Program(s): Undergraduate Courses, Summer College
*Taught Online for Summer 2021* The American Civ sequence examines America as a contested idea and a contested place by reading and writing about a wide array of primary sources. In the process, students gain a new sense of historical awareness and of the making of America. The course is designed both for history majors and non-majors who want to deepen their understanding of the nation's history, encounter some enlightening and provocative voices from the past, and develop the qualitative methodology of historical thinking.
The twentieth-century segment of American Civ asks: What conditions have shaped inclusion and exclusion from the category "American" in the twentieth century? Who has claimed rights, citizenship, and protection, and under what conditions? We focus on multiple definitions of Americanism in a period characterized by empire, transnational formations, and America's role in the world. We explore the construction of social order in a multicultural society; culture in the shadow of war; the politics of race, ethnicity, and gender; the rise and fall of new social movements on the left and the right; the emergence of the carceral state and militarization of civil space; and the role of climate change and the apocalyptic in shaping imagined futures.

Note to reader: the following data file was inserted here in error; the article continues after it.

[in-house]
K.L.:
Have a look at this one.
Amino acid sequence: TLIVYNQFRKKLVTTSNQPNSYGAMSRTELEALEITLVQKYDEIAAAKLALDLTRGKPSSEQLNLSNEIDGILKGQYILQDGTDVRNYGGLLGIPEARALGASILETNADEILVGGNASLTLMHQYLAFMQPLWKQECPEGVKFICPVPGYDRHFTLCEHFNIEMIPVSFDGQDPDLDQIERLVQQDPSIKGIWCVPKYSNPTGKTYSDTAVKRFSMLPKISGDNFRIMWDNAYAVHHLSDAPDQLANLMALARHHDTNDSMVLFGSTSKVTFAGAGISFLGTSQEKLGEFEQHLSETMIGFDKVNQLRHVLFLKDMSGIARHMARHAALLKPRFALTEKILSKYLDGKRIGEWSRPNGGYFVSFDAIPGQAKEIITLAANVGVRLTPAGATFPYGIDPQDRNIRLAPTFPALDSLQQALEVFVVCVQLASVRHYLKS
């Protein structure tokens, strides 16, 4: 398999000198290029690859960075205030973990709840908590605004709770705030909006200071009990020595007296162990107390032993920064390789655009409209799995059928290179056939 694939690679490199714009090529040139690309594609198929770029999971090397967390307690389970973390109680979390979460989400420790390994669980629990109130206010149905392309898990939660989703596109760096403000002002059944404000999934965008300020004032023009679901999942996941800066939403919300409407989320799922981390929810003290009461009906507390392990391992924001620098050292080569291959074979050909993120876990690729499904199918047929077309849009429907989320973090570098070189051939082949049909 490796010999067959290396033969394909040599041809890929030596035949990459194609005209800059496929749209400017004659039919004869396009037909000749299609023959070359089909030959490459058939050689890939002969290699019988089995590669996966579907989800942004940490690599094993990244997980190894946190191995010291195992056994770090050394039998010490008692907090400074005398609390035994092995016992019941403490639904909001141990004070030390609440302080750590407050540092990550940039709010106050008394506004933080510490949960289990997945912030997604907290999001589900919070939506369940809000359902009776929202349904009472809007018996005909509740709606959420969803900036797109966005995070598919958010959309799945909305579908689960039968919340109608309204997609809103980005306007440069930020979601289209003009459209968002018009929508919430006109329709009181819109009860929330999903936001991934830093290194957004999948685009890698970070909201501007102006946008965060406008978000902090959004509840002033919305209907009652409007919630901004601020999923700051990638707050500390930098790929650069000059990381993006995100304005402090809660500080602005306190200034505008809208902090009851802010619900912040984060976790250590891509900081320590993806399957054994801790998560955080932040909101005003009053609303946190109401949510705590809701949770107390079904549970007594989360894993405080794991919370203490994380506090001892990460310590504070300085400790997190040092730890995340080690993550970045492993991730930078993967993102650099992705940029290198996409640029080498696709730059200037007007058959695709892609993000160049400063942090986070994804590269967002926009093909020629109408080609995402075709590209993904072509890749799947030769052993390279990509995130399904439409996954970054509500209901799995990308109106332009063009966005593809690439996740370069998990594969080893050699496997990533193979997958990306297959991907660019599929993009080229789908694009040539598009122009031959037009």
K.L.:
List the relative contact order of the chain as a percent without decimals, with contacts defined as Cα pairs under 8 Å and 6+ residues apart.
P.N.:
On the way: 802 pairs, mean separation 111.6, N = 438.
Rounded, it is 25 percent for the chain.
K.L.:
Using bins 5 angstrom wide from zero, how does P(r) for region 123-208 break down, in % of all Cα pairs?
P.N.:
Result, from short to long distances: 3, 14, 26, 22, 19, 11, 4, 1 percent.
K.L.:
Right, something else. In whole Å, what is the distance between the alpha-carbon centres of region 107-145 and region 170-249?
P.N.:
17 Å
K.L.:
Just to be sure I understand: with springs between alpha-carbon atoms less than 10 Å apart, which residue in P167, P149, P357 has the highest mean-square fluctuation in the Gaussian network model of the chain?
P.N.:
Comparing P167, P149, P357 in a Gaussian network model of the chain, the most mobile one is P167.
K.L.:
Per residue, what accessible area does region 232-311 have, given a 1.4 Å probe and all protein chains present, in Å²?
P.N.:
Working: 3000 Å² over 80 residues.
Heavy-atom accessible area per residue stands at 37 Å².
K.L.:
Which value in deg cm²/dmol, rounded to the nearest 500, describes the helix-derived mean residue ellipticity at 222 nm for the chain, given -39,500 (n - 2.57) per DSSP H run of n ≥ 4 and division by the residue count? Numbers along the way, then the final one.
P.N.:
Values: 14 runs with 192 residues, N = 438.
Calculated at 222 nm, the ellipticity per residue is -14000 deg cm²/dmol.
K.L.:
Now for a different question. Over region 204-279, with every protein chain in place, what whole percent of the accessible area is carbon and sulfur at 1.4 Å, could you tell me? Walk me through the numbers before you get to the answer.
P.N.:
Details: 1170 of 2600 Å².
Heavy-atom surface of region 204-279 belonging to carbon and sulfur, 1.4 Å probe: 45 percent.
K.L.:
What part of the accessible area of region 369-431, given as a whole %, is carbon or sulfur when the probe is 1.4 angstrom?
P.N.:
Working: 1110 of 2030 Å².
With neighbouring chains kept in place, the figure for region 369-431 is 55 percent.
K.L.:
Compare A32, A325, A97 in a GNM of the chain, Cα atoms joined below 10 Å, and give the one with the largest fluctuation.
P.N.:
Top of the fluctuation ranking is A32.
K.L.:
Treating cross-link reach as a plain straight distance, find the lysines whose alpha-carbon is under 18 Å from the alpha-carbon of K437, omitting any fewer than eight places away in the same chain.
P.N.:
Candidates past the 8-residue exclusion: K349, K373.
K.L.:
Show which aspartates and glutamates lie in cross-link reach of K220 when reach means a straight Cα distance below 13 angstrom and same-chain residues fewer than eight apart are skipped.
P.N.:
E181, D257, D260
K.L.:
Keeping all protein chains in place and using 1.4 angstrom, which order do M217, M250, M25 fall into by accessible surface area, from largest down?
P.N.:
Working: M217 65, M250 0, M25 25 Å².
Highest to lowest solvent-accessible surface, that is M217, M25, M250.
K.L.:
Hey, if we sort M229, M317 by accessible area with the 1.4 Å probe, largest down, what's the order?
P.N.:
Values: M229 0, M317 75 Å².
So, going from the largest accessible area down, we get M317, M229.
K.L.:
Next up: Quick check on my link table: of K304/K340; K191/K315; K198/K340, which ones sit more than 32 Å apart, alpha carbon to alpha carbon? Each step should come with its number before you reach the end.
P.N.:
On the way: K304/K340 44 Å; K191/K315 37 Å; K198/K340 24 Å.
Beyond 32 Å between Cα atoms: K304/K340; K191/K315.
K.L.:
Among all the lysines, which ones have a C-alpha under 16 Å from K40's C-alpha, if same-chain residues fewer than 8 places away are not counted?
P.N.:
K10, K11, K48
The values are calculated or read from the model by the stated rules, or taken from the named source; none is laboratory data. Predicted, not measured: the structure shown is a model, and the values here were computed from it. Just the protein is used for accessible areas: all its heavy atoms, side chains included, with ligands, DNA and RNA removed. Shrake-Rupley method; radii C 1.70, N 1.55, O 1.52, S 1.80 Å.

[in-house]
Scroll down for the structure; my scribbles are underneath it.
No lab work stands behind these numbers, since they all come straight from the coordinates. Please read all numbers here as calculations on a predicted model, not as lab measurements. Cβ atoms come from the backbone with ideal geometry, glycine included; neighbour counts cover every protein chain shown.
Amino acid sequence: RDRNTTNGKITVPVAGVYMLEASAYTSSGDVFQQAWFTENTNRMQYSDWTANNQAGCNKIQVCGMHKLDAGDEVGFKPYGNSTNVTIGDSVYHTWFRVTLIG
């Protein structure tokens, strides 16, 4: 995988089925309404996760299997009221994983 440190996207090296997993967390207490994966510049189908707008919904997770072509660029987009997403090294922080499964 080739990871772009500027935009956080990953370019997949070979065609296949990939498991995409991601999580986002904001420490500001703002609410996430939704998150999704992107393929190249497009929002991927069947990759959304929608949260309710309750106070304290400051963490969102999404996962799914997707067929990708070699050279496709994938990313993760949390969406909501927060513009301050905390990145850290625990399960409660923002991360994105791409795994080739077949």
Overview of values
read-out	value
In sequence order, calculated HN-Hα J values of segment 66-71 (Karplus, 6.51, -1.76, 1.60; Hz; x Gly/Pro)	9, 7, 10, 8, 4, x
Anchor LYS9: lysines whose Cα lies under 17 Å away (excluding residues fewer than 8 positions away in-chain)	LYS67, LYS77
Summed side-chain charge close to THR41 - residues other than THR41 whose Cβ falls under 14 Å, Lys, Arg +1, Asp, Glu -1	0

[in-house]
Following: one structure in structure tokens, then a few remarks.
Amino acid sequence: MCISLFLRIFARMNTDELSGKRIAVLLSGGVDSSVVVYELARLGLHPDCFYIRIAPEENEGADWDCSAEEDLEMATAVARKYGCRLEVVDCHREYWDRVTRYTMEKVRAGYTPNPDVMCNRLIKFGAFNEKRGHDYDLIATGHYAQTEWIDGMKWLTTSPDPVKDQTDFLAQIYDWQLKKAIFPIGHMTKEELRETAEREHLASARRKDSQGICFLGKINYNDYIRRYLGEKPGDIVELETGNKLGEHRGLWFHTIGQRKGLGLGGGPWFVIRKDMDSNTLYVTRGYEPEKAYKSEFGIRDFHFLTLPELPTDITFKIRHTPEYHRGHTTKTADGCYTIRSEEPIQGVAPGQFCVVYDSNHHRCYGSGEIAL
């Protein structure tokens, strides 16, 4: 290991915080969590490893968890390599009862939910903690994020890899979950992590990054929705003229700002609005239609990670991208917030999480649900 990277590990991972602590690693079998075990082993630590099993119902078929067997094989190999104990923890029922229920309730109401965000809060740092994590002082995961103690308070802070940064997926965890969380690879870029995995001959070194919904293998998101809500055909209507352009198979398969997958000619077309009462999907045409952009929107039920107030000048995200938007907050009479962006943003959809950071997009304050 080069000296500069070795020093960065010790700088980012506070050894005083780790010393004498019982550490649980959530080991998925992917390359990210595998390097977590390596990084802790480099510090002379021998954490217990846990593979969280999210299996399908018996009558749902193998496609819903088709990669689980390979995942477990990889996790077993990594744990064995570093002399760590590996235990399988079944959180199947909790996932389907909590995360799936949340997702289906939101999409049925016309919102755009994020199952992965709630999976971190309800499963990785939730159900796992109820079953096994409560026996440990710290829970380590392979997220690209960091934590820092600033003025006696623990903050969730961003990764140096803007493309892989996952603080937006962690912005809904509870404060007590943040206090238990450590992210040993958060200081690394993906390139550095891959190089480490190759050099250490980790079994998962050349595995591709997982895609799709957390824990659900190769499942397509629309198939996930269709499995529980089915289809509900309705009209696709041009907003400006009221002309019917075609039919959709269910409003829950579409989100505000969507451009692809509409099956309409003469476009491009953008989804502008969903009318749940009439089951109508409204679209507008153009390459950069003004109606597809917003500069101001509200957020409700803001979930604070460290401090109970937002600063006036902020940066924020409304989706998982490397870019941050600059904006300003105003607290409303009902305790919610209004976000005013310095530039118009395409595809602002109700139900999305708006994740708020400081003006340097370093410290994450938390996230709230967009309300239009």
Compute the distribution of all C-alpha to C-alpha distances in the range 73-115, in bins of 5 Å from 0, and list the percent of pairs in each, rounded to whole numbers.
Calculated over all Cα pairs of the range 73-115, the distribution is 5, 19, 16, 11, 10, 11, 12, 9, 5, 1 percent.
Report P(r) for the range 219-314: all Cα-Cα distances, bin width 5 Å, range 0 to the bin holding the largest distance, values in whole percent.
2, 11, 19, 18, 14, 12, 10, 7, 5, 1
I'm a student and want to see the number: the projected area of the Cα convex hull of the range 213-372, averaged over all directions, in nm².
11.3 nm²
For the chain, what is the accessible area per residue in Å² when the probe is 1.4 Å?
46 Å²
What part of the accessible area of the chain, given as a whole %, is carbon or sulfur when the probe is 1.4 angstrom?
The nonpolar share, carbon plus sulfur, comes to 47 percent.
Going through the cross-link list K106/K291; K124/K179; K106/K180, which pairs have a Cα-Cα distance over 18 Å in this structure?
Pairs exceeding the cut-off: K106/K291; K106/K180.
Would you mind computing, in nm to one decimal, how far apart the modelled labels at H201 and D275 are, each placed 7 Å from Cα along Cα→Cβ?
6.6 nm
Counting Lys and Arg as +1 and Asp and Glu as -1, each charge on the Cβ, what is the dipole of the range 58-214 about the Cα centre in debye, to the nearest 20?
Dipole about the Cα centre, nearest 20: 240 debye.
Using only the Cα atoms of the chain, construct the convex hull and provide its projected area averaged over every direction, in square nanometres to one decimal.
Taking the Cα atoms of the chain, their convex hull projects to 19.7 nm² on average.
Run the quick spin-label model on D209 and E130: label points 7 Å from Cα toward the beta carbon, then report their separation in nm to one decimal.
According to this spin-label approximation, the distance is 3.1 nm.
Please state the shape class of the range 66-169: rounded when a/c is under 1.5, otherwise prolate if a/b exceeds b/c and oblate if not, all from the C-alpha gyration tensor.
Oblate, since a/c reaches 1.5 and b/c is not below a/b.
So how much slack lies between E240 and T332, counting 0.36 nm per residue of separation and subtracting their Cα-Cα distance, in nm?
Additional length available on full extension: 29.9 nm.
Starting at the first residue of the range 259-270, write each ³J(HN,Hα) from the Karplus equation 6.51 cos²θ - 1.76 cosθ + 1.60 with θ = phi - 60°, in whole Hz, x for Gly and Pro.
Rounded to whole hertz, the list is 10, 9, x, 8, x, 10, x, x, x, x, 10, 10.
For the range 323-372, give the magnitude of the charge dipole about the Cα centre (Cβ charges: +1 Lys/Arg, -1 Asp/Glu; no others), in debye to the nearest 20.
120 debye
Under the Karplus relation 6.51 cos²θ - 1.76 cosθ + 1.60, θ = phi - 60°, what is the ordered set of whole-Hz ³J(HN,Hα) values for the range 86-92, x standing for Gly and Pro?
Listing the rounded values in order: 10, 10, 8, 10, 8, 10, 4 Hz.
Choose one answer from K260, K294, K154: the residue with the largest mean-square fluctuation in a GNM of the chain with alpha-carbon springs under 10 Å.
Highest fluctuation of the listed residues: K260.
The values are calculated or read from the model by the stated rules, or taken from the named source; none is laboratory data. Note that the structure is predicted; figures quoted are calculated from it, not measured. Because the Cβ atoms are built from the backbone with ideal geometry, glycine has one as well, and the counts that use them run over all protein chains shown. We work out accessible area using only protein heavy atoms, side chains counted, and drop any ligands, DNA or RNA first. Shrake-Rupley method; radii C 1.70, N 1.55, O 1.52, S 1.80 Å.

It is recommended that students take this course in chronological sequence: HIST 13500–13600 (I & II) or HIST 13600–13700 (II & III).
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